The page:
Wedding Guy, Bruce Vassar takes us to Duluth, Minnesota:
They travel from around the world, even descendants of the family come back to see their ancestor’s historic home. Known in Minnesota as The Glensheen but it’s officially known as Glensheen – The Historic Congdon Mansion, Glensheen meaning “shining glen”, was named for Chester Congdon’s ancestral home in Surrey, England. The 39 room, 20,000 square foot Jacobean mansion characterized by its gables, turrets, window bays, and grand staircase was the most affluent home in Duluth at the time and is still considered so even today.
Most of us in Minnesota know the terrible incident which took place in the early morning hours of June 27, 1977. As a rule, the tour guides don’t speak about it while on tour but will answer some questions on a one-on-one basis following the tour. The day I was there, they had descendants of the Congdon family touring the home at the same time, hence why they don’t talk about it.
I think we have all adopted the Congdon family home as if it was our very own. In 1905, Chester A. Congdon and his wife Clara hired Minnesota architect Clarence H. Johnston Sr. to design the home situated on 12 acres of Lake Superior lakeshore property. The interiors were designed by William A. French Co. and the terraced garden and the English-style landscape were designed by the Charles Wellford Leavitt firm out of New York. The home was completed in 1908 and in 1916 only eight years after its completion, Chester Congdon an attorney and developer in the iron and copper mining resources of the Lake Superior country passed away.
In 1982, I remember touring this great home and I was looking forward to touring it again. It has been thirty-six years since my last visit and I know there have been changes and new discoveries. Back in 1982 the third floor, known as the “boy’s bedroom”, was not open to the public and the attic was completely out of the question. In 1980 (July 1, 1979 – June 30, 1980) they had 95,455 tourists (July 1, 2017 – June 30, 2018) they had 141,000 visitors. Prior to last year, Fiscal Year 1981 was the year of the highest attendance at 139,871.
When I arrived and met with Scottie Gardonio, Director of Creative, and Jane Pederson, Marketing Manager we had the greatest time talking about all things Glensheen including all the new discoveries and new plans for the future. And, of course, the interesting facts you may not know. But, when it comes to weddings at Glensheen it’s a world all on to itself. You and your guests may not be staying overnight at this destination but if you want to take a step back in time with a lavish experience of The Great Gatsby or the setting of a garden wedding at an English manor, believe me when I say you will never forget it.
A tremendous experience will be waiting for you and your guests with a possible rental of the entire home and gardens. Yes, it’s available at the right time of the year and for the right number of people, you will want to contact their events department if this piques your curiosity. Going to Glensheen as a total experience can be fascinating with their “Best Damn Tour” which is one of 12 new tour experiences added in the last five years.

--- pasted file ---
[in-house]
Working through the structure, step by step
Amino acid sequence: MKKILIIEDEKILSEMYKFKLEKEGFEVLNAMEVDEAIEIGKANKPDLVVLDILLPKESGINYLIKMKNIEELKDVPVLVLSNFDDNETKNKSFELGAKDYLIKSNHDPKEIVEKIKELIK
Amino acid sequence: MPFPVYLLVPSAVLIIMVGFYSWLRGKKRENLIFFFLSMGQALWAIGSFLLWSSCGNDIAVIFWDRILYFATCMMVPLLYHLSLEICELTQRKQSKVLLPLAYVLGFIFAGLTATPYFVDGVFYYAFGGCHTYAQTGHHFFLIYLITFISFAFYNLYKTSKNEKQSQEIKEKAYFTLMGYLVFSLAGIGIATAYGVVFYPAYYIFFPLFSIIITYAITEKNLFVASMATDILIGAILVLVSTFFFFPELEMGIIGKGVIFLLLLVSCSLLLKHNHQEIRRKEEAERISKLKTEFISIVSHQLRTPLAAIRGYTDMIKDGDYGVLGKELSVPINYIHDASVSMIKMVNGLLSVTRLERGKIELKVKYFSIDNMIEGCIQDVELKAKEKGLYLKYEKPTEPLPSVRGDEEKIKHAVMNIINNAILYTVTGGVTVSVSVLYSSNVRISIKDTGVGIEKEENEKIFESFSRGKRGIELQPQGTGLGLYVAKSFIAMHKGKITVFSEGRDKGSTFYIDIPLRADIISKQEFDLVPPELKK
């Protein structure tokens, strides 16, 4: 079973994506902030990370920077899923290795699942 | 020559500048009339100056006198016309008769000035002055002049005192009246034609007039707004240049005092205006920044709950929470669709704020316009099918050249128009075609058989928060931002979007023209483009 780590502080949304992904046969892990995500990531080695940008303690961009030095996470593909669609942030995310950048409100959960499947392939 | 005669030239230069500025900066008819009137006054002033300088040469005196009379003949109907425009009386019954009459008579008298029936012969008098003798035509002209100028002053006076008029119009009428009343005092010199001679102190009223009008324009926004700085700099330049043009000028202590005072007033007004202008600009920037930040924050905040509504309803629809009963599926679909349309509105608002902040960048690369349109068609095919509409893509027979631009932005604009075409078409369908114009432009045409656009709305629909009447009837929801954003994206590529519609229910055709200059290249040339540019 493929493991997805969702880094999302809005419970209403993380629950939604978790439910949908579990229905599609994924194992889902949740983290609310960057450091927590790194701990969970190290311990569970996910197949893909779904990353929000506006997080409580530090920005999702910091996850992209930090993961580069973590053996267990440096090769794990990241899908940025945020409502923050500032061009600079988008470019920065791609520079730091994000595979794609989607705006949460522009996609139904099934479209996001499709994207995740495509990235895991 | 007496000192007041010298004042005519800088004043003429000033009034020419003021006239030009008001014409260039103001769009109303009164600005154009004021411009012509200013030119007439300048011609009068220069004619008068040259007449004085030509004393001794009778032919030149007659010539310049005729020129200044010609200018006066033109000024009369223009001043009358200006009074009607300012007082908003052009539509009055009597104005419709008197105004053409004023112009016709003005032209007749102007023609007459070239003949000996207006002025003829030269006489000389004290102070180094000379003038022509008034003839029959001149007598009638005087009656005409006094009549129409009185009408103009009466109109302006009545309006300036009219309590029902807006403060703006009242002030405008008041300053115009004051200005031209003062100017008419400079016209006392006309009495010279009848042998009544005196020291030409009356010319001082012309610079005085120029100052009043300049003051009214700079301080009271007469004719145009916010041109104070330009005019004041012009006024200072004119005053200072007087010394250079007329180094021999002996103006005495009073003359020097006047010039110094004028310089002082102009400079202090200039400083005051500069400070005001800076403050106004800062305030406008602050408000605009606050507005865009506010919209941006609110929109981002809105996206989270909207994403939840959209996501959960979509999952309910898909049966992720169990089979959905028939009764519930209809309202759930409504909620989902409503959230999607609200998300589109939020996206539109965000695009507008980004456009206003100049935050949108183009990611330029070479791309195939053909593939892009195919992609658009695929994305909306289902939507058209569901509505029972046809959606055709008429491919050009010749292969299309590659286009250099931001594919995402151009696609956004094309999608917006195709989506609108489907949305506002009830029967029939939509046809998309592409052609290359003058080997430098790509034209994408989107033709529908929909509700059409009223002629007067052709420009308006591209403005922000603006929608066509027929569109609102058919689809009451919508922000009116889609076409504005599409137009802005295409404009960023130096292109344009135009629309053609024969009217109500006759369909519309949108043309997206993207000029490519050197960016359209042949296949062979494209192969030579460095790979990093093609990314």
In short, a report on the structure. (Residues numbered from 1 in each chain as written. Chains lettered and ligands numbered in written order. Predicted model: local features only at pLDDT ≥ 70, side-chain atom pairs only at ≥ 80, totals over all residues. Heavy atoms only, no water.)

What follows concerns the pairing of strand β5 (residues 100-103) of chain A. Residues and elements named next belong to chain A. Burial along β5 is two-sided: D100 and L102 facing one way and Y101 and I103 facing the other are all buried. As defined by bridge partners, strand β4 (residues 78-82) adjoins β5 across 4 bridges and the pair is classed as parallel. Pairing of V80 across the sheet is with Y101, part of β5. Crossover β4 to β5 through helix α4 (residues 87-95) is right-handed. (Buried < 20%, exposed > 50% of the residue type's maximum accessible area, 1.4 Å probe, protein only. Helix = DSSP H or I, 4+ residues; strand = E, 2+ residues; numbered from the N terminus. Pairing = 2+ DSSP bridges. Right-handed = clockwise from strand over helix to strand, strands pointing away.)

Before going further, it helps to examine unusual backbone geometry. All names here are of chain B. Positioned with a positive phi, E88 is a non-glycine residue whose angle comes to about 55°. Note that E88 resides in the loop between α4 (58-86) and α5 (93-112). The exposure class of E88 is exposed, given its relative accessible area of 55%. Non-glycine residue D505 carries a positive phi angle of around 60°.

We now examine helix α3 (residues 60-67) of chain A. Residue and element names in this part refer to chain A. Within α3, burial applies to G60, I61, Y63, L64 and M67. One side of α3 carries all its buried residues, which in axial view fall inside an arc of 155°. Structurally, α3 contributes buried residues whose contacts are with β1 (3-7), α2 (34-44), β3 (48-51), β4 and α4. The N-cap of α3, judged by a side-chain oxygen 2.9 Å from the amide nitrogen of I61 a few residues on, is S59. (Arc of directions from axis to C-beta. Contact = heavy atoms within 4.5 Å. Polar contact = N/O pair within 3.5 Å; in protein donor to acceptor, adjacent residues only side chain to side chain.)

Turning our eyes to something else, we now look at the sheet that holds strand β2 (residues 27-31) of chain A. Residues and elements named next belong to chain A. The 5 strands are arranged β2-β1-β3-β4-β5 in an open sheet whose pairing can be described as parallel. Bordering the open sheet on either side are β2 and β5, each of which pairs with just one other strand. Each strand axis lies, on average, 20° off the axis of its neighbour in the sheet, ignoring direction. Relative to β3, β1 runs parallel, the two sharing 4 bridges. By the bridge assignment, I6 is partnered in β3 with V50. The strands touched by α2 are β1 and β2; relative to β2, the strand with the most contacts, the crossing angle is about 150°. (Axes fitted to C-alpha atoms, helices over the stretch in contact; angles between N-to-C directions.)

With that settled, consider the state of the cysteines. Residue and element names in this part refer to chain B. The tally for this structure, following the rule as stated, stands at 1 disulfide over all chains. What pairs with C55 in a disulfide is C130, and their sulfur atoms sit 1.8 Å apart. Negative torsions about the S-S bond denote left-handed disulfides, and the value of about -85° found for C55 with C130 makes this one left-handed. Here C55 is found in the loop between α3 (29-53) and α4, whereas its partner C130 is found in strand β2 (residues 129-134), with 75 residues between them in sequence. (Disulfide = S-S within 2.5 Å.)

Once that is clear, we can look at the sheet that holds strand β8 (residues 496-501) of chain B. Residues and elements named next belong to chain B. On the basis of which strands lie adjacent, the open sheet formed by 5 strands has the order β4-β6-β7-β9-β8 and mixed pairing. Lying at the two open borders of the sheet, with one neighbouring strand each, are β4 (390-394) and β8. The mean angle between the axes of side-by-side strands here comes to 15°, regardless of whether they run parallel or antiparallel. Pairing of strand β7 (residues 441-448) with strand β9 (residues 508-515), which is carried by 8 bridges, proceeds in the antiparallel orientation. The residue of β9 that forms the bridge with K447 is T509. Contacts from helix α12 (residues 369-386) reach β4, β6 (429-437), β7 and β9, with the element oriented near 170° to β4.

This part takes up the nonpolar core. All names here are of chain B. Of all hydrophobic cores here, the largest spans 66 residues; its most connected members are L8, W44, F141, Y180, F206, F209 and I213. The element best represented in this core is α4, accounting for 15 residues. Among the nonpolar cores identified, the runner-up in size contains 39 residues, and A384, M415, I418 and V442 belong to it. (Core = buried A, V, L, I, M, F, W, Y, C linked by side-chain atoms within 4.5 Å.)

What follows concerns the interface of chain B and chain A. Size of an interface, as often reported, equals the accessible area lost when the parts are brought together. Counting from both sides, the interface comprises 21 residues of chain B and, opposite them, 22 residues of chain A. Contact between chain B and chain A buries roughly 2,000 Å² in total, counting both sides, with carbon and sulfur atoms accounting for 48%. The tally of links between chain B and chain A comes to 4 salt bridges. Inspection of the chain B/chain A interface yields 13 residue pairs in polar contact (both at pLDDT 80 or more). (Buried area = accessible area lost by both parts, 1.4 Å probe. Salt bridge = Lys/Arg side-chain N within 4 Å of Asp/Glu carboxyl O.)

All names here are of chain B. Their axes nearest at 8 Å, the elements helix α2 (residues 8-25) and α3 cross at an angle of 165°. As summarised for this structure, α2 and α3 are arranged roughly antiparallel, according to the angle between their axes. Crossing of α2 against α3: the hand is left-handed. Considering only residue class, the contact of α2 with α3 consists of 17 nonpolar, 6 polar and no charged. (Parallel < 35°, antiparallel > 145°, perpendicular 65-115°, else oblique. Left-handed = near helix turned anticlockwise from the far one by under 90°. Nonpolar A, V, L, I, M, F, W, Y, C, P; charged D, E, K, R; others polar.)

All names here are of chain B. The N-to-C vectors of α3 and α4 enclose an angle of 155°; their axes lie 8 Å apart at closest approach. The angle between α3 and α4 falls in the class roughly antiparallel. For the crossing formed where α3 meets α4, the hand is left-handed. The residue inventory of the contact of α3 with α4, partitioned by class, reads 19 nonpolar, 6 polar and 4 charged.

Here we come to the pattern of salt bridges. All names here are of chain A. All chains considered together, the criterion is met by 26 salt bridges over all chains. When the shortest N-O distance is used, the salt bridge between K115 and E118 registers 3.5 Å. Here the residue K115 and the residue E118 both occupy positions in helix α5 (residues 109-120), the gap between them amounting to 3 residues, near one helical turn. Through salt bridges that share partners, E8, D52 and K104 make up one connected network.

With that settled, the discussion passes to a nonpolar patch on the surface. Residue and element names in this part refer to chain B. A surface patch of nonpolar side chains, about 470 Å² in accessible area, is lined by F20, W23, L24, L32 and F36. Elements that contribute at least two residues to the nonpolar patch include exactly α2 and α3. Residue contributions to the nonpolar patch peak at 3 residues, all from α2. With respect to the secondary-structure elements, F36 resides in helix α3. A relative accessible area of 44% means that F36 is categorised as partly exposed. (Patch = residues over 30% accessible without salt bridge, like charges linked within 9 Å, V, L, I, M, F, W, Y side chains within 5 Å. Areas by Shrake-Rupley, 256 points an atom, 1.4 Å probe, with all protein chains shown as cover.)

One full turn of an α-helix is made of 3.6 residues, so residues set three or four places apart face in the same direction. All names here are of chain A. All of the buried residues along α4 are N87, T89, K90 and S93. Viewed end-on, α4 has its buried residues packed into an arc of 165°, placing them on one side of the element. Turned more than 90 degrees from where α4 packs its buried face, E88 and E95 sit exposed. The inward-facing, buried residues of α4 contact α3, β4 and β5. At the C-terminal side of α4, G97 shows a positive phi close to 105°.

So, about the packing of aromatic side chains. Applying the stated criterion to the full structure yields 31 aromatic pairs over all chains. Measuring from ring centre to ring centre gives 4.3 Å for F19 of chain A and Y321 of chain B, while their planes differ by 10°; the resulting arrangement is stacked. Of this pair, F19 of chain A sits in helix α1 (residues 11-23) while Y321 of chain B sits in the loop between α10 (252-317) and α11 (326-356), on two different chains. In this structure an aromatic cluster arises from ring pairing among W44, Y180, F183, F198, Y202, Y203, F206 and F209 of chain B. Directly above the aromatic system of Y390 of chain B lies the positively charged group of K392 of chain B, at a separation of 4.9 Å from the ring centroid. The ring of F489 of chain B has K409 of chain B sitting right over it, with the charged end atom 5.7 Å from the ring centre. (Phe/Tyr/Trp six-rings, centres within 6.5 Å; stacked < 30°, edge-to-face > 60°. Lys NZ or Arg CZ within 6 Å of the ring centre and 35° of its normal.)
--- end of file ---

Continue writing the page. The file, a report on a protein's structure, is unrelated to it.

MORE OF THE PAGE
The tour begins with an hour-long kayak experience, launching from Glensheen’s historic Lake Superior shoreline. There are fantastic views of the beautiful rock face and glimpses of two neighboring mansions once owned by Chester and Clara Congdon’s children. Guests then come ashore to enjoy a sunset over Lake Superior next to a bonfire complete with s’mores. Then just when you think it can’t get any better, surprise, in the dark of the night, you will experience the mansion in a different light with a guided Flashlight Tour to round out the evening. Can you imagine a wedding where you can take part in all these types of fun activities — oh and you can be guaranteed, your guests will be talking about your wedding for a long time to come.
Tenting in the gardens is available for guests over 120 people. The Winter Garden is where the celebrating begins for your guests if your guest count is under 119. The ceremony is always beautiful on the home’s back terrace around the fountain. I think it would be beautiful to have a ceremony procession walking down the terrace steps and say your vows by the lake.
So what are the secrets about this amazing Glensheen Mansion and the Congdon family?
- Chester Congdon gave the State of Minnesota one-million dollars to start the Northshore Drive also known as Hwy 61. When construction first began there were three paths, one for a carriage, one for a car and one for bike/walkers.
- I was able to go up into the attic which I understand is now open to the public to see all the fascinating rugs, travel trunks, etc.
- There is a little path to Tischer Creek that goes alongside the house and through a tunnel underneath London Road. Sammy with Glensheen thought it would be an area used by the family for picnics.
- Alfred, Chester and Clara Congdon’s nephew who lived with the Congdon family sailed their 53 foot Hesperia yacht from New York to Duluth!
- And, there are 25 trees from different countries the family brought home from their many travels abroad and I swear this is the truth, there is one pine tree off the side of the terrace and if you break off a pine needle and snap it in half you can smell citrus peaches! I kid you not!
With all this fascinating history who needs to talk about June 27, 1977.
Photos courtesy of Glensheen